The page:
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Paris Salon

The Salon, or rarely Paris Salon, beginning in 1725 was the official art exhibition of the
Acadmie des Beaux-Arts in Paris, France. Between 17481890 it was the greatest annual
or biannual art event in the Western world. From 1881 onward, it has been organized by
the Socit des Artistes Franais.
Origins
In 1674, the royally sanctioned French institution of art patronage, the Acadmie royale
de peinture et de sculpture (a division of the Acadmie des beaux-arts), held its first
semi-public art exhibit at the Salon Carr. The Salon's original focus was the display of
the work of recent graduates of the cole des Beaux-Arts, which was created by Cardinal
Mazarin, chief minister of France, in 1648. Exhibition at the Salon de Paris was essential
for any artist to achieve success in France for at least the next 200 years. Exhibition in
the Salon marked a sign of royal favor.
In 1725, the Salon was held in the Palace of the Louvre, when it became known as Salon
or Salon de Paris. In 1737, the exhibitions became public and were held, at first, annually,
and then biannually in odd number years. They would start on the feast day of St. Louis
(25 August) and run for some weeks. Once made regular and public, the Salon's status
was "never seriously in doubt" (Crow, 1987). In 1748 a jury was introduced. Its members
were awarded artists. From this time Salon got its undisputed influence.
Prominence (17481890)
The Salon exhibited paintings floor-to-ceiling and on every available inch of space. The
jostling of artwork became the subject of many other paintings, including Pietro Antonio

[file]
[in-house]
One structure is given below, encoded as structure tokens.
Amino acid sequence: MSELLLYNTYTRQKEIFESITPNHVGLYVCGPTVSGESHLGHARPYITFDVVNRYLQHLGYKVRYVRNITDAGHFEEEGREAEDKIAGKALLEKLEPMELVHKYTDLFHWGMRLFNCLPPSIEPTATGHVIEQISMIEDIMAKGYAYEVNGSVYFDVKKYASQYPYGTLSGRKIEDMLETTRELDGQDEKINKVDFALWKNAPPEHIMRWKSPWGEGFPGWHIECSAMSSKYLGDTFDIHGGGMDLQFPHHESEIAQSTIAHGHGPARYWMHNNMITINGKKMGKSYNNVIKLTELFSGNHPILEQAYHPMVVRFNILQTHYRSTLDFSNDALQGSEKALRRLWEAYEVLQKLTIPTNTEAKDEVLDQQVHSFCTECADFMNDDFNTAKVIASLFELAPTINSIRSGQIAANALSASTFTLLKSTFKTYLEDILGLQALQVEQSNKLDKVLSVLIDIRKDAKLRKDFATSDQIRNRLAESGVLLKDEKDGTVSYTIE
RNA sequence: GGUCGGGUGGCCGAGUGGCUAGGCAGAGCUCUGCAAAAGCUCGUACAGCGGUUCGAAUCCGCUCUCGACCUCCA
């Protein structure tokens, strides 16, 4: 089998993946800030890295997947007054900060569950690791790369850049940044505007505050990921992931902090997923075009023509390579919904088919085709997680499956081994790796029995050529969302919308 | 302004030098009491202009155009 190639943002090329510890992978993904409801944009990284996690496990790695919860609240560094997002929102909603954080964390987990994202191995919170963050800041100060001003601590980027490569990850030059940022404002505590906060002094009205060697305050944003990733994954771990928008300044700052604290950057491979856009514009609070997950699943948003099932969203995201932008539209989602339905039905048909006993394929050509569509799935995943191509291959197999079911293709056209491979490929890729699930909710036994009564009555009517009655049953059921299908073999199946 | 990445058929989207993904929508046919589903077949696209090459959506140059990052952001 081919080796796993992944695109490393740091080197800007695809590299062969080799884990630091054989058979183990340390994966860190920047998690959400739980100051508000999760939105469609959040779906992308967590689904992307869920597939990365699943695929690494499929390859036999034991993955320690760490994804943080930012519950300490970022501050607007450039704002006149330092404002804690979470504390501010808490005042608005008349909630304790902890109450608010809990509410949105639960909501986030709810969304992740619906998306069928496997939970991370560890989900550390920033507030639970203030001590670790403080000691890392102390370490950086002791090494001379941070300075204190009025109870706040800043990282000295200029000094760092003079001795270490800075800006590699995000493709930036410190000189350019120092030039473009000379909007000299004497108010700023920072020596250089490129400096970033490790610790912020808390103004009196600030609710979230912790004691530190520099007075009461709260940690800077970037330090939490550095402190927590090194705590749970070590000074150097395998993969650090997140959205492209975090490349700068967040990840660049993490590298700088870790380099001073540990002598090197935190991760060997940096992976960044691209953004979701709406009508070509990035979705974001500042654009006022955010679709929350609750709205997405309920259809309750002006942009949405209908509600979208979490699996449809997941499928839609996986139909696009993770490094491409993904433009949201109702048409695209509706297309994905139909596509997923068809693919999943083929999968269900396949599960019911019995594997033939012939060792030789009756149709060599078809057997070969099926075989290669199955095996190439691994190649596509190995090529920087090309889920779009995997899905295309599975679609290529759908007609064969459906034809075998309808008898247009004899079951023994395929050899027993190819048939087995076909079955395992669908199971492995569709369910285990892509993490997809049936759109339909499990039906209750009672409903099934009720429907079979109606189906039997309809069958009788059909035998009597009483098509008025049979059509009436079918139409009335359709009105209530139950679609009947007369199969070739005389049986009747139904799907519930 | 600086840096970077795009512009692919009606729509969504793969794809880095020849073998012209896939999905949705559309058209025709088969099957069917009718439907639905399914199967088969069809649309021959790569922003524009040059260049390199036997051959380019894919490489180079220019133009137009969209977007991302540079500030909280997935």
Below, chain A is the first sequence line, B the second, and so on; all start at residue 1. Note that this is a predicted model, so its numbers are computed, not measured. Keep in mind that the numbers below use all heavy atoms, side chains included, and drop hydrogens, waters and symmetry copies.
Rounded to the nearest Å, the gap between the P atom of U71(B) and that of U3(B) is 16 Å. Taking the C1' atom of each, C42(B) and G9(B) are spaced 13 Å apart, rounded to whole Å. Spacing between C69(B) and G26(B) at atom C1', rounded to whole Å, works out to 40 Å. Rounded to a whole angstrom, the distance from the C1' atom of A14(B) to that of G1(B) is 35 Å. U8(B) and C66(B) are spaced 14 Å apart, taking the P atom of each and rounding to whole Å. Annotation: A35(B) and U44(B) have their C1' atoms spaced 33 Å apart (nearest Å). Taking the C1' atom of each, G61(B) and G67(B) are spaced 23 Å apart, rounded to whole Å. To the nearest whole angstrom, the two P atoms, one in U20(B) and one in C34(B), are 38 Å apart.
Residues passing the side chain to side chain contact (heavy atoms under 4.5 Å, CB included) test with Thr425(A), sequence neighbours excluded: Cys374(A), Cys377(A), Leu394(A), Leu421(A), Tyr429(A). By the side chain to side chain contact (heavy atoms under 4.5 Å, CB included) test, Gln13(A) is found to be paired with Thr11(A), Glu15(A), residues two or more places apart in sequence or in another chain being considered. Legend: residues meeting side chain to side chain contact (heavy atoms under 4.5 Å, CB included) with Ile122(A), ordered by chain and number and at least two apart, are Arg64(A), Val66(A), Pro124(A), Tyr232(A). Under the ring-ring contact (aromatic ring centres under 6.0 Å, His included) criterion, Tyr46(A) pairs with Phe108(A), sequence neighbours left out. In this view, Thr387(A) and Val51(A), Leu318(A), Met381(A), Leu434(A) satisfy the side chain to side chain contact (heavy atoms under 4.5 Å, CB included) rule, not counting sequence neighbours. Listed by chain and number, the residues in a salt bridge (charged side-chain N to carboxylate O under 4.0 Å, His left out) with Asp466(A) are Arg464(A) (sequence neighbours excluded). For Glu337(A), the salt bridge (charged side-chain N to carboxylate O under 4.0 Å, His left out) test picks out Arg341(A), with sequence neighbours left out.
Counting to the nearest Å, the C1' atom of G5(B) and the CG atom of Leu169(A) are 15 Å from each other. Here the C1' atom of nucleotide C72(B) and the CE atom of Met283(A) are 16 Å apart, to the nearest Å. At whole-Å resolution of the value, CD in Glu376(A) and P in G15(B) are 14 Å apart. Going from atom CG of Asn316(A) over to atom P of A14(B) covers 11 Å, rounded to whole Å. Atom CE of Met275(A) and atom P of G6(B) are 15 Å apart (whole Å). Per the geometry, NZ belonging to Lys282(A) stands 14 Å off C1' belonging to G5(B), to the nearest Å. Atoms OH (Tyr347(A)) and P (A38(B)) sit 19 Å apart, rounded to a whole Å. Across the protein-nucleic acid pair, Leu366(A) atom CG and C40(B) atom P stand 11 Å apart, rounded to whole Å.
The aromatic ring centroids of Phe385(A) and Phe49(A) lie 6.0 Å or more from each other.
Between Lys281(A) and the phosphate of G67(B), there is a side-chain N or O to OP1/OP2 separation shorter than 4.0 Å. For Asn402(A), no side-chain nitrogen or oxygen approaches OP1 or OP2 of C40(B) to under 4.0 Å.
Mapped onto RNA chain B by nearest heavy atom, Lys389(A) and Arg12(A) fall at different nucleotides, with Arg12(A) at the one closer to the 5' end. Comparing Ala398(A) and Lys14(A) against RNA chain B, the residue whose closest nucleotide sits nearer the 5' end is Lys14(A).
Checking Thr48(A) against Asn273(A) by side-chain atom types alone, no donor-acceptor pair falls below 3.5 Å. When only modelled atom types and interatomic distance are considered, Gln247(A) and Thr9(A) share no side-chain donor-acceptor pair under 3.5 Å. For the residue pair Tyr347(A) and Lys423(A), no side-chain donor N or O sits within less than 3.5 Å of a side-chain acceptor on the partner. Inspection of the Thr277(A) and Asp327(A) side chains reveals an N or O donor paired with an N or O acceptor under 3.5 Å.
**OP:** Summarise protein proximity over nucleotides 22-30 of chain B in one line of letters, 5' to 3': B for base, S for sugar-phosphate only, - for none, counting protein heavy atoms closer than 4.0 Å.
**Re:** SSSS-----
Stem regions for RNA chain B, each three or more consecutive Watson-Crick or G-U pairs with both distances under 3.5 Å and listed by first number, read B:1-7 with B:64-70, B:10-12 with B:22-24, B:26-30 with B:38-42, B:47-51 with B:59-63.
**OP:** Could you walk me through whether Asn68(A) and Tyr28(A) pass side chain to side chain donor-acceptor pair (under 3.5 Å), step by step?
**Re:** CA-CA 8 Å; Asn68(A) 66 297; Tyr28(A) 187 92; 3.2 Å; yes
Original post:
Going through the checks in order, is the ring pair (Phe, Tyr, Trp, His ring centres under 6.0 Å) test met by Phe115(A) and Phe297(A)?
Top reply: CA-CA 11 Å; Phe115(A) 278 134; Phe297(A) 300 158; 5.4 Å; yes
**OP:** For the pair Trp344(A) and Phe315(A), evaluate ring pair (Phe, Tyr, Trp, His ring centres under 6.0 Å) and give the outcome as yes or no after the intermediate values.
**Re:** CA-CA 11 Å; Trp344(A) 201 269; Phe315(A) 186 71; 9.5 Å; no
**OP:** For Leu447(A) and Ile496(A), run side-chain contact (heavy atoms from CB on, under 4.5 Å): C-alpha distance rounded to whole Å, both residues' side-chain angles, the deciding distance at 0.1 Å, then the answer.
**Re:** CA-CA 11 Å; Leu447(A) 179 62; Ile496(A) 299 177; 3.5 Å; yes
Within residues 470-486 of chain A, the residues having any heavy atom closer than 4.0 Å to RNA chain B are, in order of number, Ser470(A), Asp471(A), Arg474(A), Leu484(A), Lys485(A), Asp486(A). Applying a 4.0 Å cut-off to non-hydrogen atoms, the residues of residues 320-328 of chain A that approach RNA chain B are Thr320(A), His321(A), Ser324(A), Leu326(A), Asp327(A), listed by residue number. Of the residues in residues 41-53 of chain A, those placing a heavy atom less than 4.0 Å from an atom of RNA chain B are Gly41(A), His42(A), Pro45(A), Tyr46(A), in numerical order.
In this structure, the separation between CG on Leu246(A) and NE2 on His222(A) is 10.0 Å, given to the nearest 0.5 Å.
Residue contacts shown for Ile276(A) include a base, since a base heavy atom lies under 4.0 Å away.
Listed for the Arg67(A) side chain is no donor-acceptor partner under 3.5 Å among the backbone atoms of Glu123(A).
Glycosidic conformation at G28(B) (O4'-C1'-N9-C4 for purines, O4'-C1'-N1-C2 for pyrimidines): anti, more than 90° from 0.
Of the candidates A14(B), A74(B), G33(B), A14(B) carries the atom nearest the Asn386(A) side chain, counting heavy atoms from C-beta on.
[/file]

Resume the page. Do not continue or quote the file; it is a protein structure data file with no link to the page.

Martini's Salon of 1785. Printed catalogues of the Salons are primary documents for art
historians. Critical descriptions of the exhibitions published in the gazettes marks the
beginning of the modern occupation of art critic.
The French revolution opened the exhibition to foreign artists. In the 19th century the
idea of a public Salon extended to an annual government-sponsored juried exhibition of
new painting and sculpture, held in large commercial halls, to which the ticket-bearing
public was invited. The vernissage (varnishing) of opening night was a grand social
occasion, and a crush that gave subject matter to newspaper caricaturists like Honor
Daumier. Charles Baudelaire, Denis Diderot and others wrote reviews of the Salons.
The 1848 revolution liberalized the Salon. The amount of refused works was greatly
reduced. In 1849 medals were introduced.
Early splinter groups
The increasingly conservative and academic juries were not receptive to the Impressionist
painters, whose works were usually rejected, or poorly placed if accepted. In 1863 the
Salon jury turned away an unusually high number of the submitted paintings. An uproar
resulted, particularly from regular exhibitors who had been rejected. In order to prove
that the Salons were democratic, Napoleon III instituted the Salon des Refuss, containing
a selection of the works that the Salon had rejected that year. It opened on 17 May 1863,
marking the birth of the avant-garde. The Impressionists held their own independent